“There’s a great need here,” said Deacon Nearmyer. And the ones most in need aren’t always an easy group to reach.
In preparing the presentation for the study’s task force, youth leaders consulted a number of people — including Catholic, education and civic leaders — from across Wyandotte County. They looked at how the church can be relevant and helpful when it comes to meeting youth needs.
To address the needs, the staff recommendation — at this point — is to look at the possibility of a $2.5 million endowment, which would provide annual support for a full-time coordinator, stipends for part-time local missionaries and operational expenses for urban youth ministry.
The preliminary recommendations to the task force also point to a need for $500,000 for capital renovation of an existing Catholic location for meeting and gathering. This would be in Wyandotte County.
Rural communities have their own set of issues when it comes to reaching children and teens.
In these areas, travel distances and limited archdiocesan resources are factors.
Rick Cheek, a consultant with the office of evangelization and Catholic formation of youth, said the archdiocese has about 59 parishes considered to be part of the rural service area.
This area includes the Nemaha-Marshall, Atchison and Southern regions, as well as the northern, western and southern areas of the Topeka Region.
In pre-kindergarten through eighth grade, there are 958 students in rural Catholic schools. Many children in these rural areas do not have the option of attending a local Catholic high school, and only a few strong parish-run youth ministry programs exist.
Isolation and geographic challenges aren’t the only ones facing youth outreach in rural areas. Cheek pointed out that substance abuse and suicide are high among teens. And there are challenges when it comes to hiring qualified parish staff.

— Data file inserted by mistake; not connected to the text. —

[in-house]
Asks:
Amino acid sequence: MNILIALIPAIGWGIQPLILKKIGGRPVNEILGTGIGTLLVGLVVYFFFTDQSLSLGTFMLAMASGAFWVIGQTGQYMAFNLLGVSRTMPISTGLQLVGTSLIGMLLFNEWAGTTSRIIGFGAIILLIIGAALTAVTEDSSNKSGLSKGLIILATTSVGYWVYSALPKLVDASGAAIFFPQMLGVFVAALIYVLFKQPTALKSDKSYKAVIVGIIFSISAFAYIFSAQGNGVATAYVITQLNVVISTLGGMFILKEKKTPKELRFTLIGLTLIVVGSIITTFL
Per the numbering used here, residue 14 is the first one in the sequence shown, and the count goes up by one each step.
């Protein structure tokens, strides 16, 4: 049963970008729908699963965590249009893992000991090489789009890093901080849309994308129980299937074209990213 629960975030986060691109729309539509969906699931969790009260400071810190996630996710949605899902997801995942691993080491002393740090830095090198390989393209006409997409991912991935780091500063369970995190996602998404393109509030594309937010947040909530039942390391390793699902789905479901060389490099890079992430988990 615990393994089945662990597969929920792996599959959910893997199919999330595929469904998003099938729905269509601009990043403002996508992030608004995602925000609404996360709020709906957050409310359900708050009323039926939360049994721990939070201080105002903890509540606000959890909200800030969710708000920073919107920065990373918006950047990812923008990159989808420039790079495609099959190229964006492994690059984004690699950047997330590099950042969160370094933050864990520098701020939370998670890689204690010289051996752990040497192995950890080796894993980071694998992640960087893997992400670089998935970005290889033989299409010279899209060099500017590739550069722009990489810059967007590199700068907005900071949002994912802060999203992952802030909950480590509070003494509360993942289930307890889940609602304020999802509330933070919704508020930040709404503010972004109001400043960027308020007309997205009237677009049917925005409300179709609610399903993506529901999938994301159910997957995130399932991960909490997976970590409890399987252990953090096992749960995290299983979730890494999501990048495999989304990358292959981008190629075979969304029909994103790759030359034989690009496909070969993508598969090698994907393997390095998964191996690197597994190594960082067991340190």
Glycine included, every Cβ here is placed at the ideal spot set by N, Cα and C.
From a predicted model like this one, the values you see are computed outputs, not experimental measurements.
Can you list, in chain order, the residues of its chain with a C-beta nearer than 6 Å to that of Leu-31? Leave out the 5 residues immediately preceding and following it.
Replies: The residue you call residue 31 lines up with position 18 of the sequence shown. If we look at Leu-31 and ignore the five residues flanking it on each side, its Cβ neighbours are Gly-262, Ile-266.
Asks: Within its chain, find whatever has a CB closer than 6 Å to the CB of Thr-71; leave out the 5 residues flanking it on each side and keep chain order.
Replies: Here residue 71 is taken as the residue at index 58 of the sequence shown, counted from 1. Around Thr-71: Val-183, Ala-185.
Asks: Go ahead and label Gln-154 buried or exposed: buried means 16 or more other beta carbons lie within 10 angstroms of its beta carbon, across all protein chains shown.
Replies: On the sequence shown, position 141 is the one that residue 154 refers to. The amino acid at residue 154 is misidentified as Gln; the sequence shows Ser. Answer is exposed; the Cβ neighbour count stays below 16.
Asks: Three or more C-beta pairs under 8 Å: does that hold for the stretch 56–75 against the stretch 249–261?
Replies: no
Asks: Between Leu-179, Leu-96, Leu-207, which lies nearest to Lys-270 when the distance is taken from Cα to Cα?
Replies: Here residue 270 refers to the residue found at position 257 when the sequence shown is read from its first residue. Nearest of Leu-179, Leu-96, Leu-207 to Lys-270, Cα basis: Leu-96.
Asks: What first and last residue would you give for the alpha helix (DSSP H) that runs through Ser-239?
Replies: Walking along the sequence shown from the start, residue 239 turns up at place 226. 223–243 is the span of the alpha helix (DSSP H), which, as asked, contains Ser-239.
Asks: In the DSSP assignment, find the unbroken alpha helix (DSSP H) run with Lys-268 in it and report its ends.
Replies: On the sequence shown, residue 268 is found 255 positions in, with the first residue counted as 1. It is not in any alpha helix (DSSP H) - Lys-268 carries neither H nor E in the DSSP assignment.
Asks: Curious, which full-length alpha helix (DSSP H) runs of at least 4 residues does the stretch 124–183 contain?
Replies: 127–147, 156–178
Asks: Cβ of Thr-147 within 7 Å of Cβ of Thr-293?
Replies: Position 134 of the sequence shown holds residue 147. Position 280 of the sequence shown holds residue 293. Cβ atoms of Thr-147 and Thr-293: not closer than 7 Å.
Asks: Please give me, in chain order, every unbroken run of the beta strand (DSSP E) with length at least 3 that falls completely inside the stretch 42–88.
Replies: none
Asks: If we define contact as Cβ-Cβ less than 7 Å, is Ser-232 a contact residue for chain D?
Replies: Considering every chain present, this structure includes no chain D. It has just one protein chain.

Through research driven by the study, Cheek and Deacon Nearmyer learned of a youth program of the Archdiocese of Omaha that could prove workable here in the archdiocese.
Omaha, like the Archdiocese of Kansas City in Kansas, has a lot of miles spread over rural areas, and many of the areas are far from the chancery. So in the Omaha Archdiocese, the focus has been on placing several part-time employees in the rural areas, instead of relying on only one full-time staffer.
With that model in mind, the archdiocese here is discussing the pros and cons of a $2.5 million endowment to provide income to annually fund one part-time youth outreach coordinator and four part-time animators, who would have regional assignments. This would also include stipends for volunteer missionaries.
When parishes call the archdiocesan youth office for help with programs, “they don’t want us to send them a program,” Cheek said. They don’t want something that comes in the mail. They want face to face contact and something that will help make connections with young people.
The presentation concluded with the opportunity for the task force to ask questions and with time to discuss the proposal presented.
The group will delve further into this and many other issues as it works to come up with its own recommendations for a course of action.
The task force will meet again in just a few weeks, and members will begin drafting their formal recommendations regarding this and other important needs surfaced by the feasibility study in the next few months.